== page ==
Writer/director Bobcat Goldthwait has tried his hardest to bring fear back to the urban legend of Bigfoot with his latest film but I can’t help thinking that this film Willow Creek (2013) is nothing more than a carbon copy of The Blair Witch Project (1999) just a little too late.
Jim (Bryce Johnson) is an avid fan of the Bigfoot legend ever since he was a kid when he first saw the Patterson-Gimlin film of ’67 which supposedly showed evidence of a real Bigfoot walking through the forest. Now, he’s old enough to explore it on his own and he along with his girlfriend Kelly (Alexie Gilmore) have decided to venture to the original site of the Patterson-Gimlin film in order to see if the legend is real. Goldthwait’s film follows the same distinct pattern of The Blair Witch Project as Jim and Kelly first interview some locals in order to give the film color and a look at the atmosphere of the film. Then the two drive to as close as they can to the Patterson-Gimlin incident before heading out on foot. They make camp and during the night the hear sounds and noises of things they can’t explain (and that the audience never sees). The next day as they try to get back to their car (all the while bickering about why the whole trip was a bad idea and all his fault) they get lost and turned around and end up right where they started. Forced to endure another night in the forest the noises and strange events going on into the night are too much for them and they panic and run.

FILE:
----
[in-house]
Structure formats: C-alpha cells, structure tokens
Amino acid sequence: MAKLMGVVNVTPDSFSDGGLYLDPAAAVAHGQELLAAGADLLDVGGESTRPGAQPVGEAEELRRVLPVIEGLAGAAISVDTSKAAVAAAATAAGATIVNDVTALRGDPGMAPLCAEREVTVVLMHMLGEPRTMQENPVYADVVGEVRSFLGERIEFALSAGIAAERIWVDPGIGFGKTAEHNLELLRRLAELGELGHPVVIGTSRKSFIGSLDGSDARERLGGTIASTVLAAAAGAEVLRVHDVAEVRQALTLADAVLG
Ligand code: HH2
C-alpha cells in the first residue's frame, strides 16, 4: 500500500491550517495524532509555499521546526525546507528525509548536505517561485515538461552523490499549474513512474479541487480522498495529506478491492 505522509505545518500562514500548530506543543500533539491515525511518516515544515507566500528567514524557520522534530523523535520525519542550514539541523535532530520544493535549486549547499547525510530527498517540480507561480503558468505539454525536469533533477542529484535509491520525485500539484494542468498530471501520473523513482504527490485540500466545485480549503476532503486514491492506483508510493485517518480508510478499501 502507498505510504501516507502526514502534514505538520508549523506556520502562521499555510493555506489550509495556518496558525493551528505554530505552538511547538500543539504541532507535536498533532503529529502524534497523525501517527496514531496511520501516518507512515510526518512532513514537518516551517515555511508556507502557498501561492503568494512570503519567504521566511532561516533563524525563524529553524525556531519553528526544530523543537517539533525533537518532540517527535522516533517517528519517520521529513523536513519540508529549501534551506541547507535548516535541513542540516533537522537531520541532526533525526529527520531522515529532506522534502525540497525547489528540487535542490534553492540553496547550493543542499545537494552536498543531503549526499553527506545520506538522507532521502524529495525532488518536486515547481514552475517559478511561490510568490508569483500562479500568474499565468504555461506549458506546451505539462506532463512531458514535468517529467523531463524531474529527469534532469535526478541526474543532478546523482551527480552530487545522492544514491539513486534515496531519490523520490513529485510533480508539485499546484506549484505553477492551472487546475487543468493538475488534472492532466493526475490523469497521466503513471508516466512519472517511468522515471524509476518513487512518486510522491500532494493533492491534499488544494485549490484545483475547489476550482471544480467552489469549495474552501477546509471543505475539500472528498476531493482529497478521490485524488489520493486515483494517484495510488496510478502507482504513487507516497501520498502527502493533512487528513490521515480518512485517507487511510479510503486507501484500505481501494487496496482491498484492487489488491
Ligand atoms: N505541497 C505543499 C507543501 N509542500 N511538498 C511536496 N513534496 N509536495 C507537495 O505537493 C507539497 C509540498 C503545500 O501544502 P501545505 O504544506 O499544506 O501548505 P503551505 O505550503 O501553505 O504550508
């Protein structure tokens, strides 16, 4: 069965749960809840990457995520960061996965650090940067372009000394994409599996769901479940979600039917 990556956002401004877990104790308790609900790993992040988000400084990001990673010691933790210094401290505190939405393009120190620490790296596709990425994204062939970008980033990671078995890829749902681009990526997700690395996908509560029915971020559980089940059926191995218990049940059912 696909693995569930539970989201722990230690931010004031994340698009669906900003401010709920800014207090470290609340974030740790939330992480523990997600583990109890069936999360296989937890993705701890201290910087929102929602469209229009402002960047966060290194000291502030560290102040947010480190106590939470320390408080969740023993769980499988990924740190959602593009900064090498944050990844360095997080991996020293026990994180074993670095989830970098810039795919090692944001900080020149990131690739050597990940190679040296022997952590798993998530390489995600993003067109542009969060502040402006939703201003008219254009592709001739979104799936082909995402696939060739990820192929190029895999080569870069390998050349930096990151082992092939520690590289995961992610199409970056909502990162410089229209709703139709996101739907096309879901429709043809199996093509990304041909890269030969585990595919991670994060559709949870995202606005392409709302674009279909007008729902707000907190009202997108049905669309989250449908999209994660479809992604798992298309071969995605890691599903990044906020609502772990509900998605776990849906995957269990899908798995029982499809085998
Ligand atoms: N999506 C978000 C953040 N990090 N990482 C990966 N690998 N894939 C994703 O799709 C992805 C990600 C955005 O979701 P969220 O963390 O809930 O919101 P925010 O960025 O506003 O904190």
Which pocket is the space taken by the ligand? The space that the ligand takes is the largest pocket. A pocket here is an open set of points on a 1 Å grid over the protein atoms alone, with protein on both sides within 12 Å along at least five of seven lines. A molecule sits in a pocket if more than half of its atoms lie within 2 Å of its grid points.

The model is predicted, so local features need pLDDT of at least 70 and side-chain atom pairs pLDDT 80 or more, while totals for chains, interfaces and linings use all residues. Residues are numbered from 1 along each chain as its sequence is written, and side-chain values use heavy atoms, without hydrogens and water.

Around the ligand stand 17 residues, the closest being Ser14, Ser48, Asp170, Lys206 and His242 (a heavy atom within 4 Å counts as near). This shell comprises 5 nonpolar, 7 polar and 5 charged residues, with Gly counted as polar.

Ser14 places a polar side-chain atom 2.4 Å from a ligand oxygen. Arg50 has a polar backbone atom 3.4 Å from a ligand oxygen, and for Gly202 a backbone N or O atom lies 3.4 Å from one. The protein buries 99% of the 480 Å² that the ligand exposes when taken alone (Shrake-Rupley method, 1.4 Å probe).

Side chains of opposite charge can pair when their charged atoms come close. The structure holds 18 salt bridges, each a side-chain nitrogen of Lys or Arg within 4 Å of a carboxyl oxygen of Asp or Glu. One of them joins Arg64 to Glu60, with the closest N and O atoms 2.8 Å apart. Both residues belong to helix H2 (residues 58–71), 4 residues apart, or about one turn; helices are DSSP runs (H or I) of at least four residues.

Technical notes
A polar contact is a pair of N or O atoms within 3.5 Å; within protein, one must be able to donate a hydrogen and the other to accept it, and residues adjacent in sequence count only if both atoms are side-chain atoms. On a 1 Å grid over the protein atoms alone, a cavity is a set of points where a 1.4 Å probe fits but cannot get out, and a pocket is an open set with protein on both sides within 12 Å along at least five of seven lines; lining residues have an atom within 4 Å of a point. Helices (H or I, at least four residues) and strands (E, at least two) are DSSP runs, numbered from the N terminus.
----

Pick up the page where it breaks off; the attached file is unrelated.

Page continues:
Well, I’m sure you can guess the rest after that as it follows closely to Blair Witch and a plethora of other found footage films. There are no surprises in this film. As a found footage film it hits all the right marks, maybe too well, as there is nothing new for this film to say. The only real saving grace for the film is that Goldthwait has crafted one of the best Bigfoot films out there. He brings to light all the trappings linked to the legend and crafts a comprehensible and probable myth that doesn’t seem like a shitty Z-horror or Syfy Original monstrosity.
For fans of Bigfoot this is a film to look out for but for horror fans (like myself) who have seen too many found footage films this may seem like a total let down. I will say that Goldthwait is a director who defies expectation and is someone to look out for in the future as he knows how to craft a horror film, he just needs to express it in a different way (or before a fad fades like the found footage film).